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Fixed Line UK Broadband ISP Subscriber Growth is in a Slowdown

Tuesday, March 13th, 2018 (12:01 am) - Score 691
united kingdom broadband connectivity

A new study of broadband ISP growth has confirmed the unsurprising news that the UK is in a slowdown. The market is now home to a total of 26,265,000 lines but only 203800 were added in Q4 2017, which compares with 241900 in Q4 2016, 255200 in Q4 2015 and 339400 three years ago.

In fairness the data, which stems from Point Topic, will not come as a surprise to readers of ISPreview.co.uk because we’ve long been covering the change as part of our various quarterly and biannual news updates from the major fixed line broadband ISPs (BT, Virgin Media, TalkTalk and Sky Broadband etc.).

fixed broadband ISP line growth uk 2012 to 2018

At this point only Vodafone seems to be bucking the trend (proportional growth) but that’s largely because they only re-entered the big boys market a few short years ago and are also one of the cheapest providers around, which tends to attract a lot of interest from budget conscious consumers (see our Top 10 Broadband page and Subscriber Growth Log).

PointTopic Statement

Nevertheless, household penetration of broadband continues to creep up, standing at 85.4 per cent at the end of December 2017, a rise from 84.9 per cent the previous quarter and 82.9 per cent year-on-year.

Digital Subscriber Line (DSL) technology continues its downward spiral with just over 11.5 million active lines at the end of 2017. In something of a milestone, the number of DSL lines wholesaled by Openreach has dropped below one million for the first time.

Active cable modem lines stood at nearly 5.11 million at the end of December 2017, up from just over 4.92 million a year ago.

FTTx technology, including fibre-to-the-cabinet [FTTC], fibre-to-the-building [FTTB] and fibre-to-the-premises [FTTP/H], continues its advance across the UK with an increase of nearly 7.2 per cent during October to end-December 2017, bringing total fibre-based lines to just above an estimated 9,492,000.

The research notes that 14,464,000 of the 26.3m total lines are estimated to reflect “superfast broadband” (30Mbps+) connections, which is again very roughly in keeping with the data that we track from ISPs and Ofcom (see our Broadband Technology page). We believe that Point Topic are also able to include several hundred thousand additional connections from smaller ISPs and they’re using more current data than the regulator.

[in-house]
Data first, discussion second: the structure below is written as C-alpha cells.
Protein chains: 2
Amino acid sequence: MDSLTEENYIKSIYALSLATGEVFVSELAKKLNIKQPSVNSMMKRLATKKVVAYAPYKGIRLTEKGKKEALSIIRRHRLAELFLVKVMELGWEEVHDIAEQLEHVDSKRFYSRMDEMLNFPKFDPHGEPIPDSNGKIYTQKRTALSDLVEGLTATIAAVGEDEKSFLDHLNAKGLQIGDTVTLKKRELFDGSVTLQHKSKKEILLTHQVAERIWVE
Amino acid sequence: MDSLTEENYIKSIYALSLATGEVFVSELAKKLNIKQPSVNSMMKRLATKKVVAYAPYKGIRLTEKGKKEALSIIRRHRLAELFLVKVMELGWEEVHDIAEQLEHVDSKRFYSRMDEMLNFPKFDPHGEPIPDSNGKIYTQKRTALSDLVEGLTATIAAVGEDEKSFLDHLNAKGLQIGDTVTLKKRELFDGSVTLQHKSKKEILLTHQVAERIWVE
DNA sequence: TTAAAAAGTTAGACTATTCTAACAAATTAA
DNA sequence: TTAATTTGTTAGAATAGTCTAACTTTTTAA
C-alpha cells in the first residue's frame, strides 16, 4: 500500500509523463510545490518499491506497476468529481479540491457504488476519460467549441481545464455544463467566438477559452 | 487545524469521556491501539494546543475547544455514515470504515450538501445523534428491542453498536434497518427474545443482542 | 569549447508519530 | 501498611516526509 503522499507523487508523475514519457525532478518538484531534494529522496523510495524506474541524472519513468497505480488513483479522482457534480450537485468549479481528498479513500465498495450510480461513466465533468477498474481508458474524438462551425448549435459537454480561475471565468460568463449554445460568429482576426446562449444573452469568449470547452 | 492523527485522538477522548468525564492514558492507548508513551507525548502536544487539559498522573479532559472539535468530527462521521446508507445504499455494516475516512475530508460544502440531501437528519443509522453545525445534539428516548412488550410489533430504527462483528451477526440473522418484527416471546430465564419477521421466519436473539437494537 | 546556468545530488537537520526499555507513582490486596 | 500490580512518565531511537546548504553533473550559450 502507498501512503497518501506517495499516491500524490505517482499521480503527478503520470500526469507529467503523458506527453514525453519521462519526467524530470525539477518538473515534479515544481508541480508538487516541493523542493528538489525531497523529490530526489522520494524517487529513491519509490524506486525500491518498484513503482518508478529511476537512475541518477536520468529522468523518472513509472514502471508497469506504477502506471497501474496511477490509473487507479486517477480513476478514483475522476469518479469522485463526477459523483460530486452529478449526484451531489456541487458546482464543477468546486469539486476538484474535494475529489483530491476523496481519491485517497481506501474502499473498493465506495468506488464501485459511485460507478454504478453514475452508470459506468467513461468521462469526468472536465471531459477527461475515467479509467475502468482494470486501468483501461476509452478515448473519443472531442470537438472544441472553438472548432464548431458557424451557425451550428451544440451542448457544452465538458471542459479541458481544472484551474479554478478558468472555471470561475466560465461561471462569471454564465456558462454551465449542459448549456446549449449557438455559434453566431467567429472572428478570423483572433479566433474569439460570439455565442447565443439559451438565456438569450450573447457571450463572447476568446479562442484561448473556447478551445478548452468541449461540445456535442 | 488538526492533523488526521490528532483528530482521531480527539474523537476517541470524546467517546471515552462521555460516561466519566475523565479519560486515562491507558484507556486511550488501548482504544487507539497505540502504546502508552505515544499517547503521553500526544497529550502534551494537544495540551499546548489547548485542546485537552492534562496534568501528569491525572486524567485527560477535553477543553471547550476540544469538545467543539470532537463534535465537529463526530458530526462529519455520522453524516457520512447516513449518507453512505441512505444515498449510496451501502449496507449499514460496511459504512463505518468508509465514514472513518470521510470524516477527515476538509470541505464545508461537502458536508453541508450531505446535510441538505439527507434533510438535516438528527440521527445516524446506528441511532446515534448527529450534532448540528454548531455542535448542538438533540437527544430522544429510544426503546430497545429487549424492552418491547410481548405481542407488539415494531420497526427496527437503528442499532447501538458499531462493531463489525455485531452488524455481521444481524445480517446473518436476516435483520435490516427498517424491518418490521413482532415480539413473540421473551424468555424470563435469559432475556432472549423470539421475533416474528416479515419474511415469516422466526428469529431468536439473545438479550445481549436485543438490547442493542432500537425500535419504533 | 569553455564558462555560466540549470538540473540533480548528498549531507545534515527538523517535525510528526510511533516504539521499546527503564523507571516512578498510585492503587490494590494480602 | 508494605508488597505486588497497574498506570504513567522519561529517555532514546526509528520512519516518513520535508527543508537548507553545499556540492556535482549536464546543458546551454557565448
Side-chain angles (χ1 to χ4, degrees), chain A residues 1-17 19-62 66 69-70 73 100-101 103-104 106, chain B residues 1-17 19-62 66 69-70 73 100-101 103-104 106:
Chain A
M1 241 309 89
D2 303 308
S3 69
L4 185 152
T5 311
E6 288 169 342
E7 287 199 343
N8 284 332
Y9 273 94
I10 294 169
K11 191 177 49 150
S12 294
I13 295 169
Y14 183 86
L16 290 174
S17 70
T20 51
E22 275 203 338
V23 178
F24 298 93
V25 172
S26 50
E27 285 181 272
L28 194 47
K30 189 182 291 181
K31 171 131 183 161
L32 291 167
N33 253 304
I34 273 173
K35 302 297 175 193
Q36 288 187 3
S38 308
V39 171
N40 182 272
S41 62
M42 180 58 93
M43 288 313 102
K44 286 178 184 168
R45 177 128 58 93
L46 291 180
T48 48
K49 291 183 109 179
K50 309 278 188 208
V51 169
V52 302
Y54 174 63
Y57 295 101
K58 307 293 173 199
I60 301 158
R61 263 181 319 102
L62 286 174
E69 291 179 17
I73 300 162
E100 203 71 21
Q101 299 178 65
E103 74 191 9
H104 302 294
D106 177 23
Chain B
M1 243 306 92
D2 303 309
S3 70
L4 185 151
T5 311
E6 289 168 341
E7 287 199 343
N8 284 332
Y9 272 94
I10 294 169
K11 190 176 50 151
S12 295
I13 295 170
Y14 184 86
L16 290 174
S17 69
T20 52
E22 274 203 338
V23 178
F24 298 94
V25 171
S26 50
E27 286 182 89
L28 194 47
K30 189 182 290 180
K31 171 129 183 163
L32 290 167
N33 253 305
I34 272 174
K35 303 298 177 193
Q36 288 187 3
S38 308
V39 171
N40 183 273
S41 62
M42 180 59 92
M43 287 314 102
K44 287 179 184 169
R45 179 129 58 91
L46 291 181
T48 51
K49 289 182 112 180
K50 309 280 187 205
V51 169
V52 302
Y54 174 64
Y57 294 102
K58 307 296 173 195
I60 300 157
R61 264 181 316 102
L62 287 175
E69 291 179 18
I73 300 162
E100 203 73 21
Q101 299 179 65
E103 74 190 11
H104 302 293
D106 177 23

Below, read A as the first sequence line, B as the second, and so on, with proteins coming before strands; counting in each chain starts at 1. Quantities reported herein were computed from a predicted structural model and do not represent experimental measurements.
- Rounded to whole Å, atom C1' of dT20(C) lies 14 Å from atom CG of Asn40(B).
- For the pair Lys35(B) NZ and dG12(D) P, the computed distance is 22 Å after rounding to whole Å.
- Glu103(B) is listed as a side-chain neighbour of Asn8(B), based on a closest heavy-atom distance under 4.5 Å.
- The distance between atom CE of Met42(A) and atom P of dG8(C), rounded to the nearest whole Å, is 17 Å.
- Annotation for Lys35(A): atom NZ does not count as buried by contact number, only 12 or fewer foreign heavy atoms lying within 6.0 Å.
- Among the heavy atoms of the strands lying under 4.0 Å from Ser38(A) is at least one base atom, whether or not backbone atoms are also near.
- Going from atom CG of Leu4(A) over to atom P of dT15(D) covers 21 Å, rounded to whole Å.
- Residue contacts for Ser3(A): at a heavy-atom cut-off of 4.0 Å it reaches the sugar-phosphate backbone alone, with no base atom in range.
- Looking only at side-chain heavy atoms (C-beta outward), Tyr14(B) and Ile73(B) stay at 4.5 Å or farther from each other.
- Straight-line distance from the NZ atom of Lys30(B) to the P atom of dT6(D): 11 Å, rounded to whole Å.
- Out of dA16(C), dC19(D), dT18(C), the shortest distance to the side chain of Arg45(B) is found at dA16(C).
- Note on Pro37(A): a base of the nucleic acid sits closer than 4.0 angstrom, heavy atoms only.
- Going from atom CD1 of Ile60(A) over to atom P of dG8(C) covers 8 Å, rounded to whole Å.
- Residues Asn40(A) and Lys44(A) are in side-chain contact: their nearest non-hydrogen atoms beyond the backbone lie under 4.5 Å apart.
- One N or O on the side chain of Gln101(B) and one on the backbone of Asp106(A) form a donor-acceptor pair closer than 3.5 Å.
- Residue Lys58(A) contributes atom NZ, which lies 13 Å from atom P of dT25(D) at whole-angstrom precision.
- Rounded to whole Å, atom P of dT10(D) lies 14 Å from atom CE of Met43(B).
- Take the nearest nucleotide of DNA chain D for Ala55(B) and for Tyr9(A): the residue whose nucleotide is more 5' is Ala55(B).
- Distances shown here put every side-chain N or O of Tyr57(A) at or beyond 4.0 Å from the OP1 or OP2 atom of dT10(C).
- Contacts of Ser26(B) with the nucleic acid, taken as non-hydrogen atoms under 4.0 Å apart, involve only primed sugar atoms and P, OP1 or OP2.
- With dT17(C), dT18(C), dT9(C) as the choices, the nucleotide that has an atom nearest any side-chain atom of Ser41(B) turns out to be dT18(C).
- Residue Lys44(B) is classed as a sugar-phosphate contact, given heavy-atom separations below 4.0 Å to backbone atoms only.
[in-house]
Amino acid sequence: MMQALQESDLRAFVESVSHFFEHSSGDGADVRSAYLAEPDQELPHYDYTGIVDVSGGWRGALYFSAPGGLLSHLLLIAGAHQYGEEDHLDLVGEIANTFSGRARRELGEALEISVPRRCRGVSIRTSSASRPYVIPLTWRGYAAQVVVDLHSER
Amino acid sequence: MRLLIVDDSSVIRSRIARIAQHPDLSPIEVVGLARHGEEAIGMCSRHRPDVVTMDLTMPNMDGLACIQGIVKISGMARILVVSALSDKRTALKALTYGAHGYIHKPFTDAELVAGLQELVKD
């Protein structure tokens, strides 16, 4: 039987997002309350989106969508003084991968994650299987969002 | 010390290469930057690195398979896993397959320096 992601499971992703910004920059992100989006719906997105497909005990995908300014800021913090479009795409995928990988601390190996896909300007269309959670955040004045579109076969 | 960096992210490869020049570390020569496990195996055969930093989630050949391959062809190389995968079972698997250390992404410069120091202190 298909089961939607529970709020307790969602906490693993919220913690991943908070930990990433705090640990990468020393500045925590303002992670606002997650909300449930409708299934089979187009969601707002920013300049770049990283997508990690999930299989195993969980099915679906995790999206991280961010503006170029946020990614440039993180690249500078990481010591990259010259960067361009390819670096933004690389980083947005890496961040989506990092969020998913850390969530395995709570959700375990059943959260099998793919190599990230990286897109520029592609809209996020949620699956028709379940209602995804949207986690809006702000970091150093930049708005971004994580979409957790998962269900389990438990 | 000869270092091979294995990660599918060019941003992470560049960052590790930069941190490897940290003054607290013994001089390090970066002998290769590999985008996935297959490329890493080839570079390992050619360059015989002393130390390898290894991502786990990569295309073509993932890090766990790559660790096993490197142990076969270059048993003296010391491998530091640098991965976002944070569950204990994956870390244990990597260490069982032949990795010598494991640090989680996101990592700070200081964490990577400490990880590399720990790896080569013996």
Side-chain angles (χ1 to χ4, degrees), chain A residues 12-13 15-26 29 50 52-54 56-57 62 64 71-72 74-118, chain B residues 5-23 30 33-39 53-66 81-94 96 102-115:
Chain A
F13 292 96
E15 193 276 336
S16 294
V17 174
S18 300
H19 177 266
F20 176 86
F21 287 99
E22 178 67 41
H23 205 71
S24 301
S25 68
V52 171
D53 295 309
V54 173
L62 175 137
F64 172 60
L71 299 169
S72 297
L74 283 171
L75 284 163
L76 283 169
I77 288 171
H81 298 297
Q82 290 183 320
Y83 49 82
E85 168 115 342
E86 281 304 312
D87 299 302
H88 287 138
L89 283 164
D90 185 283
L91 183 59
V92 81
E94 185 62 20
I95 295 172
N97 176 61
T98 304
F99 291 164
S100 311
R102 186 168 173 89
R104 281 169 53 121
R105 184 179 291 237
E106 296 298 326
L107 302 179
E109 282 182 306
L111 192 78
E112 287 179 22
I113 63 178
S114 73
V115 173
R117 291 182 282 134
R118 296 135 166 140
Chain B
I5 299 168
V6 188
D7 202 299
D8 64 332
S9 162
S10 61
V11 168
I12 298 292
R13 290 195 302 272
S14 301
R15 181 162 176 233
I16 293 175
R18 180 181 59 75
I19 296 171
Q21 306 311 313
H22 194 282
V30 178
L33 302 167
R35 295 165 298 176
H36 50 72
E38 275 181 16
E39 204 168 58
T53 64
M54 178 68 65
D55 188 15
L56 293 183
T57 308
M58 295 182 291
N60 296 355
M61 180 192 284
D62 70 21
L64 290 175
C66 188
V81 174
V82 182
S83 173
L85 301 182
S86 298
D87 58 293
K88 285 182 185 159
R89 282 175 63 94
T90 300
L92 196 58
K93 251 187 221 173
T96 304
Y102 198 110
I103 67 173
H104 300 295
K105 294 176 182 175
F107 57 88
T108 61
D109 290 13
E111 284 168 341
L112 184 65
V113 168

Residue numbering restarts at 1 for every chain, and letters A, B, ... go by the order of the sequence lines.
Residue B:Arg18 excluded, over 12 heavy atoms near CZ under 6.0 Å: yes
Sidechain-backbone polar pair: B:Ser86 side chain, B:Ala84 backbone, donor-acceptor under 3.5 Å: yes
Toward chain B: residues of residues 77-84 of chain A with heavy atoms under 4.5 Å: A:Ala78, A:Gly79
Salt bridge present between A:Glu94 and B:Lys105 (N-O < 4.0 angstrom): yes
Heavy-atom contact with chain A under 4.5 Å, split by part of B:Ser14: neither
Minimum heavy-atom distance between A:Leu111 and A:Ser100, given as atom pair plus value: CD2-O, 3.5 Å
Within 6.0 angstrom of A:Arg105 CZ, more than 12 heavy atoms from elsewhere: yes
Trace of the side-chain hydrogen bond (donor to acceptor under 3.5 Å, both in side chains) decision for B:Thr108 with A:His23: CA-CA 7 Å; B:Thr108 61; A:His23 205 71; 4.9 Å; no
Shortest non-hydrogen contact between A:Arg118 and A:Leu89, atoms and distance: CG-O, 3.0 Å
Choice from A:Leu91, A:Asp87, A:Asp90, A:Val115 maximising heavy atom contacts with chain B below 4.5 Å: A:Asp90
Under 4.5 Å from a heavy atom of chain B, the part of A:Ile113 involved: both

Why the fall?

Point Topic’s analysis does not examine the reasons for this decline, although historically it tends to reflect the impact from several different aspects of the market. For example, in the past we’ve always seen periods of slow growth or even stagnation, which usually occurs as one generation of technology sees its coverage mature and then a new one starts to surface (e.g. the move from ADSL to FTTx).

The UK coverage of superfast broadband networks has also reached a strong mass market level of 95% (estimated) and the next jump to 98% of premises by 2020 may reflect a much smaller number of homes and businesses, which will be added over a proportionally longer period of time than before (i.e. the rollout slows down as it reaches rural areas and related state aid support schemes come to an end).

In keeping with that most of those who wanted broadband have now got it, although there will be some growth so long as the overall number of new homes and families continue to increase. Last year the Office for National Statistics similarly revealed that 9% (4.8 million) of UK adults have NEVER used the Internet and that’s down from 10.2% (5.3 million) in 2016 (i.e. this mostly reflects the elderly and those with a disability).

Suffice to say that the broadband market is reaching a much more mature state and in the future ISPs will increasingly see the greatest impact from migrations and upgrades, instead of first time connections from customers who have never previously had a broadband connection. In fact if 5G turns out to be a true competitor for home broadband then we might even see a decline in fixed line, but it’s far too early to speculate.

However one question mark in all this is the government’s proposed 10Mbps Universal Service Obligation (USO), which is largely intended to focus on improving connectivity (on request) for those in the final 2% of digitally disadvantaged properties. The gov’s rejection of BT’s voluntary offer means that we still don’t know quite what kind of approach to infrastructure and funding will be taken (this could impact growth).

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Mark Jackson
By Mark Jackson
Mark is a professional technology writer, IT consultant and computer engineer from Dorset (England), he is also the founder of ISPreview since 1999 and enjoys analysing the latest telecoms and broadband developments. Find me on Twitter, , Facebook and Linkedin.
Leave a Comment
4 Responses
  1. Archie

    There would be more of an uptake if the services actually existed out there. I’d pay a decent amount for a good service but it’s just nonexistent.

  2. asrab uddin

    People are now bored with FTTC they want the next generation FTTP

  3. occasionally factual

    Not a shock as the number of people who have broadband (of any type) is now approaching saturation point. 26m lines is a lot of premises.
    Growth in outright subscriptions will come mainly from new built properties and some of the 2% USO areas (although many of them will have broadband already, just not a very quick one)
    Now the market is either in getting people to upgrade in order to generate growth or getting customers from other providers by price cuts.

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